I know this is an obvious one, but worth mentioning. When you choose whole, unprocessed foods, especially if you’re cutting out gluten and/or dairy, there aren’t going to be a lot of donuts and candy bars on the menu. So by making the whole foods choice, you’re sidestepping all the crap, and heading that much closer to your svelte self.

Throughout all of this, no calculators or food scales are required.

As living proof, I’m two kids deep but I feel better and look better now (with a lot less effort) than I did in my pre-baby life, which pretty much consisted of working out five days a week, restricting calories, and eating whole grains and low-fat foods (including low-fat dairy).

But most importantly, I was finally able to get off the calorie-counting crazy train. I realized that when I stopped working against my body, my body starting working for me, especially when fueled by clean nutrients. If you asked me how many calories I eat today, I couldn’t even tell you.And I exercise about one-third the amount of what I used to (this is not a recommendation, just my current situation – having almost every waking moment devoted to working, traveling and kid-wrangling).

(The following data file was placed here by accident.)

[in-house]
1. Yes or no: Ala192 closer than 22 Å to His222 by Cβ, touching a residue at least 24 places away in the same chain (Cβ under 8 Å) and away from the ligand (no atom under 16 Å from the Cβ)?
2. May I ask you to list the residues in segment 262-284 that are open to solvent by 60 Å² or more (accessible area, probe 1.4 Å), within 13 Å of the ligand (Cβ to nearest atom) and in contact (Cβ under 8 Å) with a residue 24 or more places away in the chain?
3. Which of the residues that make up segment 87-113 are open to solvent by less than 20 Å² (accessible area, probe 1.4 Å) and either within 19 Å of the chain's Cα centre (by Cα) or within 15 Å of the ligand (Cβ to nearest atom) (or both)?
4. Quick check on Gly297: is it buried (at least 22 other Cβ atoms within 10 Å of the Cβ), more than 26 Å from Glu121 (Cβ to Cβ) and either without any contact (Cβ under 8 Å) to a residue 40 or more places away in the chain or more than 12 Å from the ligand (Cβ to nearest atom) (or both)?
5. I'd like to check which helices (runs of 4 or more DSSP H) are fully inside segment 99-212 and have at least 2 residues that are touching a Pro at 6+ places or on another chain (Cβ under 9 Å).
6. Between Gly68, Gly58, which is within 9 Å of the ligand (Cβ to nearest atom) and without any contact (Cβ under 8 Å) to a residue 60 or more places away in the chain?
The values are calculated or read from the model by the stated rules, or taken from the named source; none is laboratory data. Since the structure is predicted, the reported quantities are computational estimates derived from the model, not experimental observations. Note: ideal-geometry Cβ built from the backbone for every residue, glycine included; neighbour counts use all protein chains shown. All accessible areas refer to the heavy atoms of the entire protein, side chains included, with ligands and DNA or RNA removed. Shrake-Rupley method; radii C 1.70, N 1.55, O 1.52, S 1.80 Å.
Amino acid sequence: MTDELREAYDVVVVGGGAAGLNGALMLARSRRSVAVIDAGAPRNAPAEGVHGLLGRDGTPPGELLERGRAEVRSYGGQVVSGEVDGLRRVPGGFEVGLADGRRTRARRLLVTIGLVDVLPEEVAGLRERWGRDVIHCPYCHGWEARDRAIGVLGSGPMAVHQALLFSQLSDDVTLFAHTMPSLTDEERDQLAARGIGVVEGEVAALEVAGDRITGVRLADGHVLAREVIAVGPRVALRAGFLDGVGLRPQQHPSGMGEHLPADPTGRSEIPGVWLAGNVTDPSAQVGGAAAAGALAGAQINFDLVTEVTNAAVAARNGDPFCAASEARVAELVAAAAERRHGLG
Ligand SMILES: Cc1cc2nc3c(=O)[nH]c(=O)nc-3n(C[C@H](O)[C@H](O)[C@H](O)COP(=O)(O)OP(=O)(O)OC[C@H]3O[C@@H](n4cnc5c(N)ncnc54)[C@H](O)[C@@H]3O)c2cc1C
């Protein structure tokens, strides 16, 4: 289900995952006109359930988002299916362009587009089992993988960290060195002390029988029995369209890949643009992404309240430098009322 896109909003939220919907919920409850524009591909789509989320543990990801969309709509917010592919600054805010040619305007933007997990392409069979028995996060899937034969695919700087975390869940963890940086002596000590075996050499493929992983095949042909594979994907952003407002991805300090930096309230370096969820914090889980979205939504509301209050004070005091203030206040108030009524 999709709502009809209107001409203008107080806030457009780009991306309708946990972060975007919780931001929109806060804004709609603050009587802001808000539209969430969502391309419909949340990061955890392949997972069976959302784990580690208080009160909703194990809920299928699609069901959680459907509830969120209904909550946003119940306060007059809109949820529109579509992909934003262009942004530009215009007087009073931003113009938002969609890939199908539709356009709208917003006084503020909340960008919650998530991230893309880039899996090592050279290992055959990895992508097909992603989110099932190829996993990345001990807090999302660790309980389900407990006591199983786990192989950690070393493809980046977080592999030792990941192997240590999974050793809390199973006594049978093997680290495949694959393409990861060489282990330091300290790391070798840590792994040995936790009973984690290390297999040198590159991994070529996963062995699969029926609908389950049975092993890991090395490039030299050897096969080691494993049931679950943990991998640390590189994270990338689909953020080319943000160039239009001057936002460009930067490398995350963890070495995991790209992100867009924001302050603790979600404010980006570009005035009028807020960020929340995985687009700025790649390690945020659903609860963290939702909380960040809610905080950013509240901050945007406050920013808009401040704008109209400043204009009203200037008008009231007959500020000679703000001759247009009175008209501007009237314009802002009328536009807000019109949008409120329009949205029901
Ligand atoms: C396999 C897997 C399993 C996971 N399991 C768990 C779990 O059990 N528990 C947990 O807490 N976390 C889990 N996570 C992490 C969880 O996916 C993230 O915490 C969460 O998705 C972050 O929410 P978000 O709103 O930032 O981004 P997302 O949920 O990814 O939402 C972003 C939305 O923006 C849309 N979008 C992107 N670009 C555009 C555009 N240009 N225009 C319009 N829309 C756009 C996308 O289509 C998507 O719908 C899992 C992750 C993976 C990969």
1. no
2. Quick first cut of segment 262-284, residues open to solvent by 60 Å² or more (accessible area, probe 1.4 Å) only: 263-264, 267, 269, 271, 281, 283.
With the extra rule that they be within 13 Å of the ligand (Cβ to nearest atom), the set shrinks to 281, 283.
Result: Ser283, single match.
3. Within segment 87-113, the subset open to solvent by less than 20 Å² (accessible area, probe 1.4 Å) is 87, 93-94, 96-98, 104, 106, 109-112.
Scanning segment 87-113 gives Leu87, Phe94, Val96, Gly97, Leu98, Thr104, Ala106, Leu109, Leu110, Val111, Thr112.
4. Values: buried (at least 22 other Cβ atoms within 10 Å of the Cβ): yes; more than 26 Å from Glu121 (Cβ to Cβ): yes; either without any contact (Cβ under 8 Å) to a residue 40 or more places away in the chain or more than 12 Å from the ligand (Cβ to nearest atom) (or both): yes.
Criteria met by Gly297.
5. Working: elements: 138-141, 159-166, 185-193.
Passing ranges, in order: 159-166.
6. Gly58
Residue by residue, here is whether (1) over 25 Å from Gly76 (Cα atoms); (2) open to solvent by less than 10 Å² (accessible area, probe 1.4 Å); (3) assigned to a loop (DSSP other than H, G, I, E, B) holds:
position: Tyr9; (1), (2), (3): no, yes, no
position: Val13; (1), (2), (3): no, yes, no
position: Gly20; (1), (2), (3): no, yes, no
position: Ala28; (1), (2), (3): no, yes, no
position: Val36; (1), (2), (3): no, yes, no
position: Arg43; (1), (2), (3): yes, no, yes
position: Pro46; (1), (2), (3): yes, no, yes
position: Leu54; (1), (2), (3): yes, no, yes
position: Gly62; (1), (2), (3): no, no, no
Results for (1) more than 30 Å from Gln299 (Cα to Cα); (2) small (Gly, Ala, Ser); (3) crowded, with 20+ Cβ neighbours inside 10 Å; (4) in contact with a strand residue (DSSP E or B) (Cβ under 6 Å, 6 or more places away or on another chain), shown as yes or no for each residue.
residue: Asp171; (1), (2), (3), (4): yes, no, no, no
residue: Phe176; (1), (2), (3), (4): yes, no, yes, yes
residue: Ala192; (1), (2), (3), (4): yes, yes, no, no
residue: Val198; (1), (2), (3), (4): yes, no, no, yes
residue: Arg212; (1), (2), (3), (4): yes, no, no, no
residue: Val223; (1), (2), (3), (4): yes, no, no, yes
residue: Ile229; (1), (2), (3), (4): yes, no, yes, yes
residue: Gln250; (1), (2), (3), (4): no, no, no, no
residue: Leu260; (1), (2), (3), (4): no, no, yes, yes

My goal here (and going forward) is simple but impactful:  a paradigm shift.

I hope you end up focused on the quality of your food, and the effects they have on your health. I hope you are compelled to stop counting calories and fat grams, and instead, start consuming foods with ingredients you can pronounce.

Most of all, I hope you come back to read – because there is so much more to share. I aim to inspire, provide answers, and give you a reason – and a way – to get and stay healthy.

Your new found belief in the power of clean eating awaits.

Happy new year!